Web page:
Supplementing with Iron

It’s well-known that physical exercise can help reduce the symptoms that people with multiple sclerosis experience, such as fatigue, muscle weakness, and walking issues.

A new study, however, has discovered that strength training also benefits the brain—specifically by protecting the nervous system and inhibiting disease progression.

The study, published in Multiple Sclerosis Journal, was conducted by researchers at Aarhus University, University of Southern Denmark and University Medical Center Eppendorf in Hamburg. Their findings revealed a number of positive effects on the brain.

“Over the past six years, we’ve been working on an idea that targeted training affects other conditions than symptoms alone, and this study gives us the first indications that exercise protects the nervous system from the disease,” said Ulrik Dalgas, associate professor, department of public health at Aarhus University in a statement.

The randomized, controlled cross-over study enrolled 35 people with relapse-remitting multiple sclerosis. Half of the group strength trained two days a week, while the other half continued their normal life without systematic training.  MRI scans were given before and after the six month trial to measure lesion load, global brain volume, percentage brain volume change and cortical thickness. Disability measures were also evaluated.

Researchers found that there was a tendency for the brain to shrink less in the patients who trained purposefully and regularly. Percentage brain volume change and higher absolute cortical thickness were observed in the exercise group.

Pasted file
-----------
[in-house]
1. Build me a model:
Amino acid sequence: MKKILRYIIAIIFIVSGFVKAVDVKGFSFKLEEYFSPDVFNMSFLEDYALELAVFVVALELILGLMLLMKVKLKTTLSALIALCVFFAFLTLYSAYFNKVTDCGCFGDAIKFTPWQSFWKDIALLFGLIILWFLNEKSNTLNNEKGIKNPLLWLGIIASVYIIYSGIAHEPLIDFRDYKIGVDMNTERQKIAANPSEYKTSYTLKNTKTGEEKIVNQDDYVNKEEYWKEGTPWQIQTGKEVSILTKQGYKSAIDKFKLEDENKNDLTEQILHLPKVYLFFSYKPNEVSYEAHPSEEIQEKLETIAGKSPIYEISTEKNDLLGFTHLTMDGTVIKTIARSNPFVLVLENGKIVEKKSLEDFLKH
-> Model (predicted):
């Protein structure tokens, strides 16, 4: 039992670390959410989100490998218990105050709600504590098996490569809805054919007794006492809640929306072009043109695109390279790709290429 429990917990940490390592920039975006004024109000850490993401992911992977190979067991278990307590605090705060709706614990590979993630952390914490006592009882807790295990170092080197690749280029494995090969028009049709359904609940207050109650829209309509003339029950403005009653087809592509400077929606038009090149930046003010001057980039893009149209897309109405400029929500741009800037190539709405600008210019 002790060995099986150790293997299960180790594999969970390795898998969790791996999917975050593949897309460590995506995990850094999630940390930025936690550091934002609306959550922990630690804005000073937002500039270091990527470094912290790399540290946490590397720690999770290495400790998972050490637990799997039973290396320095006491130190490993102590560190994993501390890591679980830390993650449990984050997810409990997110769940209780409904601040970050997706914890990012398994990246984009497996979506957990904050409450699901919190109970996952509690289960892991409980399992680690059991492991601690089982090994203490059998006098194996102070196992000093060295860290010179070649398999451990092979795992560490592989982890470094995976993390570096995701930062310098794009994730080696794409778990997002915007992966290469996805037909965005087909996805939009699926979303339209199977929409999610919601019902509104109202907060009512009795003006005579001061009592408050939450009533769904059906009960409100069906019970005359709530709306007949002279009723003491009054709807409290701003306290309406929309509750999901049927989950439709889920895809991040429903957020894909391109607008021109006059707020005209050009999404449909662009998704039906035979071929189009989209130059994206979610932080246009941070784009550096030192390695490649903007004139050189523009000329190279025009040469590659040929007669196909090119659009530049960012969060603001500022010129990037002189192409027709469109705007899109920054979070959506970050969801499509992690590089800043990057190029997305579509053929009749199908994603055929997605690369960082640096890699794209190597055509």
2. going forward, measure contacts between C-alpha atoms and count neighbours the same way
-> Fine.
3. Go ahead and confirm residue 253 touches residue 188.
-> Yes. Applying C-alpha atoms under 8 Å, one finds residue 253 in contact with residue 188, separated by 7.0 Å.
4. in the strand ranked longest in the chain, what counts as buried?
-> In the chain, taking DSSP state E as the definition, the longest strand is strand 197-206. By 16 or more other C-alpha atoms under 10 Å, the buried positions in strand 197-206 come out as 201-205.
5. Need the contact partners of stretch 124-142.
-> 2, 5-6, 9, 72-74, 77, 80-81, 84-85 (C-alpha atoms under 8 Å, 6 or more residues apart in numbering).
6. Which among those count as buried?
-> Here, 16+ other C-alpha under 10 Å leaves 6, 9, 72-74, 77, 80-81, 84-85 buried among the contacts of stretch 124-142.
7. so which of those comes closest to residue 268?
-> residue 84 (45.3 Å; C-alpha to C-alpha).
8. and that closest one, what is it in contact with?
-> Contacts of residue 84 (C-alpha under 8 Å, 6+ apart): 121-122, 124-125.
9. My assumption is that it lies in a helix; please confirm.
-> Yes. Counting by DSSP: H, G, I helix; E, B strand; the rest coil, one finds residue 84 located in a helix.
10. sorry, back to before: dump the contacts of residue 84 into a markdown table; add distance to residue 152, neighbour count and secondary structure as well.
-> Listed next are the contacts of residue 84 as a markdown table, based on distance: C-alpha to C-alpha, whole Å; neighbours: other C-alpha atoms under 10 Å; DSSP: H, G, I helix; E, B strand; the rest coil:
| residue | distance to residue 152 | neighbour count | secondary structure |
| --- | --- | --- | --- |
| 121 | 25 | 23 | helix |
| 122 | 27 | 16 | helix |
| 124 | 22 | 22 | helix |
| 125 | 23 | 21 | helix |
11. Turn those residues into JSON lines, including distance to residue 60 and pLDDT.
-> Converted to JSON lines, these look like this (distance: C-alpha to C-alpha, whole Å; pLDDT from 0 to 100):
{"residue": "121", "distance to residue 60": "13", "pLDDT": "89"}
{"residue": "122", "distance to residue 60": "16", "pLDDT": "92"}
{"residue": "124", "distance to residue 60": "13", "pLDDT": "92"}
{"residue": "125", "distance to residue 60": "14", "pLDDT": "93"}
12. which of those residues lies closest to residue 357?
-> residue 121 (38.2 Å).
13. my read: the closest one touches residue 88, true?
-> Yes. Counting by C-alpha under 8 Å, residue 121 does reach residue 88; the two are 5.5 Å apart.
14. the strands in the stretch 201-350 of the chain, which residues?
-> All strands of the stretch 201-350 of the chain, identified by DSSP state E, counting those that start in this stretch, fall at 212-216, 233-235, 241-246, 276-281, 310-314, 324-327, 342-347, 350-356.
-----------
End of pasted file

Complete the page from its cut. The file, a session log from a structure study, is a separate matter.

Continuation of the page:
“In sclerosis patients, the brain shrinks significantly faster than normal. Medication can reduce this change, but we found that the training further reduced shrinkage of the brain in people in medical treatment. In addition, we saw that several smaller brain areas even began to grow in response to the training, “said Dalgas.

The researchers are unsure why strength training had such positive effects, and if other patients with other types of MS would benefit. What the study does tell us is that this is an area that needs to be investigated further as a potent complementary therapy.   

“Phasing out drugs in favour of training is not realistic. On the other hand, the study indicates that systematic physical training can be a far more important supplement during treatment than has so far been assumed. This aspect needs to be thoroughly explored,” said Dalgas.